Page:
Ontario reported 3,009 new COVID-19 cases on Saturday and 3,089 cases on Friday, marking the two highest single-day case counts since Jan. 17.
Saturday's new cases include 954 in Toronto, 434 in Peel Region, 348 in York Region, 205 in Ottawa and 146 in Hamilton.
On Jan. 17, the province had reported 3,422 cases, marking the last time the daily case count topped 3,000.
Since Friday, the province's network of labs completed more than 59,100 tests, bringing the test positivity rate to 5 per cent. Friday's case count comes after more than 62,300 tests were completed.
The seven-day rolling average now stands at 2,552 daily cases, an increase from 1,944 the same time last week.
Ontario's health ministry did not update the daily case count on Friday because Good Friday is a statutory holiday.
At 12:01 a.m. on Saturday, the province entered a month-long "emergency brake" shutdown, which means personal care services, gyms and indoor dining must shut down, but schools and most retailers can stay open with specific capacity limits in place.
Ontario Premier Doug Ford announced the shutdown on Thursday, saying it was necessary due to surging numbers of COVID-19 cases and hospitalizations across the province.
The shutdown means tighter restrictions on gatherings and restaurants and it comes after the province allowed outdoor restaurant patios to reopen just two weeks ago.
As well, owners of personal care services had been told they would be allowed to reopen on April 12, but that start date has been delayed because new restrictions will be in place for at least 28 days.
"We are facing a serious situation and drastic measures are required to contain the rapid spread of the virus, especially the new variants of concern," Ford said in a statement on Thursday.
Shutdown restrictions include:
No indoor organized public events and social gatherings allowed, and a limit on the capacity for outdoor gatherings to a five-person maximum — except for gatherings with members of the same household, or gatherings of members of one household and one other person who lives alone.
Limits on in-person shopping: a 50 per cent capacity limit for supermarkets, grocery stores, convenience stores, indoor farmers' markets, other stores that primarily sell food and pharmacies; and a 25 per cent limit for all other retail outlets, including big box stores.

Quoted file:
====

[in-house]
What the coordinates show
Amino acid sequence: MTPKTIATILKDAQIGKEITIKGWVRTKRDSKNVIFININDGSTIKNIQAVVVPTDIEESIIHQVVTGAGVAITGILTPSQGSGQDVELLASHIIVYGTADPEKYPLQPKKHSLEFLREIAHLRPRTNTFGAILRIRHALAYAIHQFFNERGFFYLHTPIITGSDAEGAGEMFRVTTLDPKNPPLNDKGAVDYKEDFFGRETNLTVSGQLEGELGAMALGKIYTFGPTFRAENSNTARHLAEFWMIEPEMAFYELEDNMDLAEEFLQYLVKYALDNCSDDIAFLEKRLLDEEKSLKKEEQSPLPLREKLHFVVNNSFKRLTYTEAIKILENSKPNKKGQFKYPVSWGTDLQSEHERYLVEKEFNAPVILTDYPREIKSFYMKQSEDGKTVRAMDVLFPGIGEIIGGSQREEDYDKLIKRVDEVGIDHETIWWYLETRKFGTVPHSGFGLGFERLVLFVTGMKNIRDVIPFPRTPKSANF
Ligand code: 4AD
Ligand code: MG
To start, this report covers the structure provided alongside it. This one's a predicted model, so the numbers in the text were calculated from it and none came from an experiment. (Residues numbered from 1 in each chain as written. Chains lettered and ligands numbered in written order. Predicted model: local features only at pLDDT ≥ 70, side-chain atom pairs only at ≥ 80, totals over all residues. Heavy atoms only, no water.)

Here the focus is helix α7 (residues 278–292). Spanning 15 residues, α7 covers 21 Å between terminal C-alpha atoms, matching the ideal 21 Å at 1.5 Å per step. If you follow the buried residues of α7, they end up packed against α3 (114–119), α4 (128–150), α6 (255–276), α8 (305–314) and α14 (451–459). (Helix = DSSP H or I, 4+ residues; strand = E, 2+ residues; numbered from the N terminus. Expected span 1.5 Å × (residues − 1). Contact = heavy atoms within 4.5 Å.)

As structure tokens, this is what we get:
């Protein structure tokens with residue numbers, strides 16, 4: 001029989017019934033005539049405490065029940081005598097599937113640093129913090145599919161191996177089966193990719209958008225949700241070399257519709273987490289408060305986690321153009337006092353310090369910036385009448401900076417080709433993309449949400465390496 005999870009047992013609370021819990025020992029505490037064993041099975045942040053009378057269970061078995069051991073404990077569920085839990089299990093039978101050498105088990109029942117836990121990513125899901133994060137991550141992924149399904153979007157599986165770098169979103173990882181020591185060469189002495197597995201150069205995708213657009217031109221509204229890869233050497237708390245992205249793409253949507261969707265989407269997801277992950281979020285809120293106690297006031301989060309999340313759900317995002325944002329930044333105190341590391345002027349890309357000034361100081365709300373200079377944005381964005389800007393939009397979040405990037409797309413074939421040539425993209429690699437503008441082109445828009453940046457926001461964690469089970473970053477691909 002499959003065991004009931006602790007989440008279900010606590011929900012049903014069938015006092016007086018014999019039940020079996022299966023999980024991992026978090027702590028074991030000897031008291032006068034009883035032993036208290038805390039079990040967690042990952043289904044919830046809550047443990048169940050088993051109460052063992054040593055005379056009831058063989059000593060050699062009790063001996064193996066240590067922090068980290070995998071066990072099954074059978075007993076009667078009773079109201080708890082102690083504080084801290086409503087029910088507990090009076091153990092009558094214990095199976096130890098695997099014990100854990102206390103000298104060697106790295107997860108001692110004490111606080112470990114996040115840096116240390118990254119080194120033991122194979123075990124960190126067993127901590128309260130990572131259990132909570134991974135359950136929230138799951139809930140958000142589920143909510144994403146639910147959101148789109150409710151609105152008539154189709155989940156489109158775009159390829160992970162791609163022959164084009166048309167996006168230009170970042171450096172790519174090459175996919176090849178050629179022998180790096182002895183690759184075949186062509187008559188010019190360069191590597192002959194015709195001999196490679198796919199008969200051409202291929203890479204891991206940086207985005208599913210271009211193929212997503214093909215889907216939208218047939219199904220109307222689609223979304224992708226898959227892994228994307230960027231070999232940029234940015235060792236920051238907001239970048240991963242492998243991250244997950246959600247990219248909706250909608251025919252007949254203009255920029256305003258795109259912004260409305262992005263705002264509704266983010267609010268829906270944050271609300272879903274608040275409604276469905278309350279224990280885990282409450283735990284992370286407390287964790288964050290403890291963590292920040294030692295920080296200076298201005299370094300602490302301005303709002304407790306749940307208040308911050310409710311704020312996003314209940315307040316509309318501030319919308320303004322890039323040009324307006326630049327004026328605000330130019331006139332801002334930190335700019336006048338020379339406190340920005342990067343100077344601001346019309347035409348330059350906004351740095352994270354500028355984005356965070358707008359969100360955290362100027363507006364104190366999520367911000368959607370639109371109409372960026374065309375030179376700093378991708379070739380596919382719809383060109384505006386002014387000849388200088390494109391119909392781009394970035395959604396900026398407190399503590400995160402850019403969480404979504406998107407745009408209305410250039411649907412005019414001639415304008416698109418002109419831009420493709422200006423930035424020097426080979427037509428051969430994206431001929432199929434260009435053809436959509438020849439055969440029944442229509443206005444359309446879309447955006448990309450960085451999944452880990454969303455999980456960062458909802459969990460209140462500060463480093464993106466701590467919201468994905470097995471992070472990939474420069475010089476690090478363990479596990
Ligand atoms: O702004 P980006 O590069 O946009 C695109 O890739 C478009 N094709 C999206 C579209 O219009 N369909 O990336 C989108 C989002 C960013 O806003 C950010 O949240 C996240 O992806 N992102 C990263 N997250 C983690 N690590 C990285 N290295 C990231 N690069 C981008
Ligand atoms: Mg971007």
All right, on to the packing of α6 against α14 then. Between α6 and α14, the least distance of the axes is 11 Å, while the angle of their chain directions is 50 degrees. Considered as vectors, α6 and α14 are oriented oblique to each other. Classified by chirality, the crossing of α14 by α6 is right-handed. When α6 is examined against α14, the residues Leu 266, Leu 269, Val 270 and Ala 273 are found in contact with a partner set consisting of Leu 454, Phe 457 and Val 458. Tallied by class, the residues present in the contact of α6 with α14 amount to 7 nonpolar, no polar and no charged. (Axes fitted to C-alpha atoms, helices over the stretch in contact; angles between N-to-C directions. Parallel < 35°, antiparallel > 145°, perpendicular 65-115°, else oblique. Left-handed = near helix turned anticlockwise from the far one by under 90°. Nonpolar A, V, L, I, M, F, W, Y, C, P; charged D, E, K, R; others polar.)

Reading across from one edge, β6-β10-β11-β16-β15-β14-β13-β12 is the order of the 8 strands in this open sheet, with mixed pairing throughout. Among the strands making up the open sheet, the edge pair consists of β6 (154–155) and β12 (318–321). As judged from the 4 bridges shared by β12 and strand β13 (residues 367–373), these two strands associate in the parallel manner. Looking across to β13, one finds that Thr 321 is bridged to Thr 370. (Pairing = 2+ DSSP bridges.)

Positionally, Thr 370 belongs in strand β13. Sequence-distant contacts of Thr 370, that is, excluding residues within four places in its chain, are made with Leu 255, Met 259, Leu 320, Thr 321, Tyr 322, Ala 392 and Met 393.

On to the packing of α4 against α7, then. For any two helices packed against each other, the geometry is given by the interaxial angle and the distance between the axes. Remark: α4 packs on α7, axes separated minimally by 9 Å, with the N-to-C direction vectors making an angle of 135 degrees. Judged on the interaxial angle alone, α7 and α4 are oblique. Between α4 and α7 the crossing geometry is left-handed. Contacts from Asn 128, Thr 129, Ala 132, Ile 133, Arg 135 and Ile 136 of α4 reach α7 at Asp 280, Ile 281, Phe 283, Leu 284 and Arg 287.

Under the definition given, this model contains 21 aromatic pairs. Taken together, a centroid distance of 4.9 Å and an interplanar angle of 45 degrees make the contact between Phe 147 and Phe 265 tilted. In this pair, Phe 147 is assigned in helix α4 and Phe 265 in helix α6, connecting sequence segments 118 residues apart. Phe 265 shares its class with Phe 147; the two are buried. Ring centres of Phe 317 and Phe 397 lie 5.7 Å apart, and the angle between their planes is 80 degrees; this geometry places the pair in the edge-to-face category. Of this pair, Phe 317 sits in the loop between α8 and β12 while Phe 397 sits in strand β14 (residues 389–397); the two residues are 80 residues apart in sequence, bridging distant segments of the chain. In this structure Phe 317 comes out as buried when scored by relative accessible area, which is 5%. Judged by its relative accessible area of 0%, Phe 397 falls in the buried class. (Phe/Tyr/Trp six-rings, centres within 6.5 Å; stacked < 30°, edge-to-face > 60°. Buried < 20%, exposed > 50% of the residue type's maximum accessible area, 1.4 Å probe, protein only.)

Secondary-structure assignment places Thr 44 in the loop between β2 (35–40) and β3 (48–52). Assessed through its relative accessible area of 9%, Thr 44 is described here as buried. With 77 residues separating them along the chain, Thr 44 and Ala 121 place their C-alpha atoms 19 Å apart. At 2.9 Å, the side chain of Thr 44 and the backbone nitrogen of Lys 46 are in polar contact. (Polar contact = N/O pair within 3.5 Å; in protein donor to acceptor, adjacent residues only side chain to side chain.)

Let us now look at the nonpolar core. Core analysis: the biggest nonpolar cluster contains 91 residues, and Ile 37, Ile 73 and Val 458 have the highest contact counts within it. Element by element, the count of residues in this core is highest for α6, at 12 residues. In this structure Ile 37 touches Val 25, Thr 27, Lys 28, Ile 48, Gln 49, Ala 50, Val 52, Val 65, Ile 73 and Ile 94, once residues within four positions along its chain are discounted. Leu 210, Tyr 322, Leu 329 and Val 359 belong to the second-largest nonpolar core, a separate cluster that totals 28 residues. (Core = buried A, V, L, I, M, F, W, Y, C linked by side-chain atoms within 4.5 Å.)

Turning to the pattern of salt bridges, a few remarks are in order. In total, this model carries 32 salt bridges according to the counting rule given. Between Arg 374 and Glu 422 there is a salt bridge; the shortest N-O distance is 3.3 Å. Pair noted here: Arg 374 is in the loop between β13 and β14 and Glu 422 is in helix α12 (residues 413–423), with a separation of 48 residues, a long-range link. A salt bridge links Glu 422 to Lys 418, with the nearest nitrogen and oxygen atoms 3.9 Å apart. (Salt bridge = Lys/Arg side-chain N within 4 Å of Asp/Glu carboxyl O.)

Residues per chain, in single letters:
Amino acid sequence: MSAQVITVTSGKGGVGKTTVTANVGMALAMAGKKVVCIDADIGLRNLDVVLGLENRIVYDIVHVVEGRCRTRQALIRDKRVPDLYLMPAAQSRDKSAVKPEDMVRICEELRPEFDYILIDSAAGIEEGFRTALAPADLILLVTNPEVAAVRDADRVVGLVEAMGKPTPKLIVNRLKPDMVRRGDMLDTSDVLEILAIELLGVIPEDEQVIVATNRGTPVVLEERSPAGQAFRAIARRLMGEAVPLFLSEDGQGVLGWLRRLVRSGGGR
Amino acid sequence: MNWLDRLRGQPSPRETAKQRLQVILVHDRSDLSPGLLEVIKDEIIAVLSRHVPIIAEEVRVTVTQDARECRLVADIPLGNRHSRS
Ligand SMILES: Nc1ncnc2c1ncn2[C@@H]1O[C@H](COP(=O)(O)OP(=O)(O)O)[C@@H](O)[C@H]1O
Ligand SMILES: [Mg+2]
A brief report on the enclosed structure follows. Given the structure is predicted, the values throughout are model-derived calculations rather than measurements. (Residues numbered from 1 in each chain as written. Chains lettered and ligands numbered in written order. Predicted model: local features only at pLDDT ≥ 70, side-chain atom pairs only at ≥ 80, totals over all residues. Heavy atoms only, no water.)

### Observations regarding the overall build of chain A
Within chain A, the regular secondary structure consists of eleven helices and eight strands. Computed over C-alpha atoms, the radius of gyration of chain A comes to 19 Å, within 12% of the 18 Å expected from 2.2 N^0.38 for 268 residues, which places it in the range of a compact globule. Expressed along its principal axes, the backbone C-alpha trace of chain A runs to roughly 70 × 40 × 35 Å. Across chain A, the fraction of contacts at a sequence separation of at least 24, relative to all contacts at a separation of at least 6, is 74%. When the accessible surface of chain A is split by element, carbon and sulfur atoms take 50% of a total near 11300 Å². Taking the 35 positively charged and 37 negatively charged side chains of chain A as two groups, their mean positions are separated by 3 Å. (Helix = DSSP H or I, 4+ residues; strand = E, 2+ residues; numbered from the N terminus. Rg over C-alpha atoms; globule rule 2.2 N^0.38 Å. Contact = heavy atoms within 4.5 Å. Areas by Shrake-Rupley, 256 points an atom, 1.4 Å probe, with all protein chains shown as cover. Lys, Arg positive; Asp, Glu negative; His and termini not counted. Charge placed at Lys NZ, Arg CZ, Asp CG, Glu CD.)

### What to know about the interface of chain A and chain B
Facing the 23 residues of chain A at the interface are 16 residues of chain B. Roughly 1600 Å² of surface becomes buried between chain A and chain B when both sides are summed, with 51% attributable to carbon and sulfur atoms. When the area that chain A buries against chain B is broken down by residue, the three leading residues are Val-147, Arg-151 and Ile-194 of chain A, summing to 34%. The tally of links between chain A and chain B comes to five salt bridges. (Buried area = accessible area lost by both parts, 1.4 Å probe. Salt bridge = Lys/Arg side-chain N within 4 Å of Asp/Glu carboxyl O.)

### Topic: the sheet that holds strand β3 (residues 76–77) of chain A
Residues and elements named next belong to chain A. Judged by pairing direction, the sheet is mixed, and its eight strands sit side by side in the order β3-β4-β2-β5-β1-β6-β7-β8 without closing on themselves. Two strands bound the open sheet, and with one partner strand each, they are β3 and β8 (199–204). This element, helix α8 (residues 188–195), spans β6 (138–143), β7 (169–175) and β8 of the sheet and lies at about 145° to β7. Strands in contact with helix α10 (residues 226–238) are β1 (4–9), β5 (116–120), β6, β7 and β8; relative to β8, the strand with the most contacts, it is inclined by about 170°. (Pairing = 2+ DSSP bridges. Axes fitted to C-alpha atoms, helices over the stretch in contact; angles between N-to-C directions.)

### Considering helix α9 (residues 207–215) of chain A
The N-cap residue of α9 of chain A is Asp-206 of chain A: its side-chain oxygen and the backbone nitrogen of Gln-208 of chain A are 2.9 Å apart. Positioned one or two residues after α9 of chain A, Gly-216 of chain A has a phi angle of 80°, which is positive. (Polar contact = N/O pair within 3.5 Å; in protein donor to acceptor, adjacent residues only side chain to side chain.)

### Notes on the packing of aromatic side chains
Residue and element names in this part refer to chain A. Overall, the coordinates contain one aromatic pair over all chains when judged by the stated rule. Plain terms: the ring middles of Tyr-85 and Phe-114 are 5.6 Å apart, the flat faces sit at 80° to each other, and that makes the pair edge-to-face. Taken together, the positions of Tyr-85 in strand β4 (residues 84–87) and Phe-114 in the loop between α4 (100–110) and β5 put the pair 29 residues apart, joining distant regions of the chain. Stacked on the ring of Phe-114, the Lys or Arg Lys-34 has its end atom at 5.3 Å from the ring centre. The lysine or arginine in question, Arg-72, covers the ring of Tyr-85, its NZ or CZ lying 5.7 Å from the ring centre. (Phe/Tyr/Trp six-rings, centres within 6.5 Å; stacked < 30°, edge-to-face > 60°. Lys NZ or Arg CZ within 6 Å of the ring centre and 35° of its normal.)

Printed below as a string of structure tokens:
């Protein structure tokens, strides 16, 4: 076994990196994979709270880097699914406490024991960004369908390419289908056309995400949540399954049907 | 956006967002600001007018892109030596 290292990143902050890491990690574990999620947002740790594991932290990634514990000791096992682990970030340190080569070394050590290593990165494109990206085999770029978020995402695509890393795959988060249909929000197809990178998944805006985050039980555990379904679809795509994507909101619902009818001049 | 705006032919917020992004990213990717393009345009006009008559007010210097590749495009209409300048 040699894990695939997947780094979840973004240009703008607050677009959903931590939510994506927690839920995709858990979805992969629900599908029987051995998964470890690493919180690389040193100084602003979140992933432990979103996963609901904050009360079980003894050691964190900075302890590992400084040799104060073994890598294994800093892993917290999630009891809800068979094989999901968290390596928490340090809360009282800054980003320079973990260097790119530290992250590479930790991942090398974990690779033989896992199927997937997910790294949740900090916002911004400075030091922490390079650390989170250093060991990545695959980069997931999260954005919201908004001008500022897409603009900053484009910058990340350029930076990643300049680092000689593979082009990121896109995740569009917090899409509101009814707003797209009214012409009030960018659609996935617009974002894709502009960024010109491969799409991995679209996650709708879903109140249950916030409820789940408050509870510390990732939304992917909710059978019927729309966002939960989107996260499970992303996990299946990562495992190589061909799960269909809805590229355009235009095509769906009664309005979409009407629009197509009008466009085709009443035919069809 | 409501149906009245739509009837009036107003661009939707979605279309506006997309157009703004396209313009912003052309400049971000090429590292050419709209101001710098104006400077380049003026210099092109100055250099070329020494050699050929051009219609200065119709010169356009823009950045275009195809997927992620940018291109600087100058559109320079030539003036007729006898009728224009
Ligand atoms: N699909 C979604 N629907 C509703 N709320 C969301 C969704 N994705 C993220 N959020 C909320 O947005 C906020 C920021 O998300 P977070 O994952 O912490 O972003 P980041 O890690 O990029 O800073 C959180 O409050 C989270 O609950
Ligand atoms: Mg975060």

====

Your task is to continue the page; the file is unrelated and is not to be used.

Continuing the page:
No personal care services.
No indoor and outdoor dining. Take out, delivery and drive-thru options are allowed.
No use of facilities for indoor or outdoor sports and recreational fitness, with very limited exceptions.
Closure of day camps.
Limited capacity at weddings, funerals, and religious services to 15 per cent occupancy per room indoors, and to the number of people who can maintain two metres of physical distance outdoors. The limit does not include social gatherings associated with these services such as receptions, which are not permitted indoors and are limited to five people outdoors.
'The emergency brake will not work,' ICU doctor says
On Saturday, Ontario's health ministry reported 796 patients in hospital with COVID-19, with 451 of those people in intensive care units and 261 on ventilators.
Currently, the number of ICU patients is more than at the worst point of the pandemic's second wave in mid-January, when a total of 420 people were in the ICU.
WATCH | Dr. Michael Warner of Michael Garron Hospital speaks to CBC News Network about Ontario's latest plan to tackle the pandemic:
Dr. Michael Warner, medical director of critical care at Michael Garron Hospital in Toronto, says the current restrictions are not enough to protect people who are getting sick in the third wave of the pandemic. He said the stay-at-home order, imposed in January, was the only thing that worked during the second wave.
"The emergency brake will not work," he said in an interview on CBC News Network on Saturday.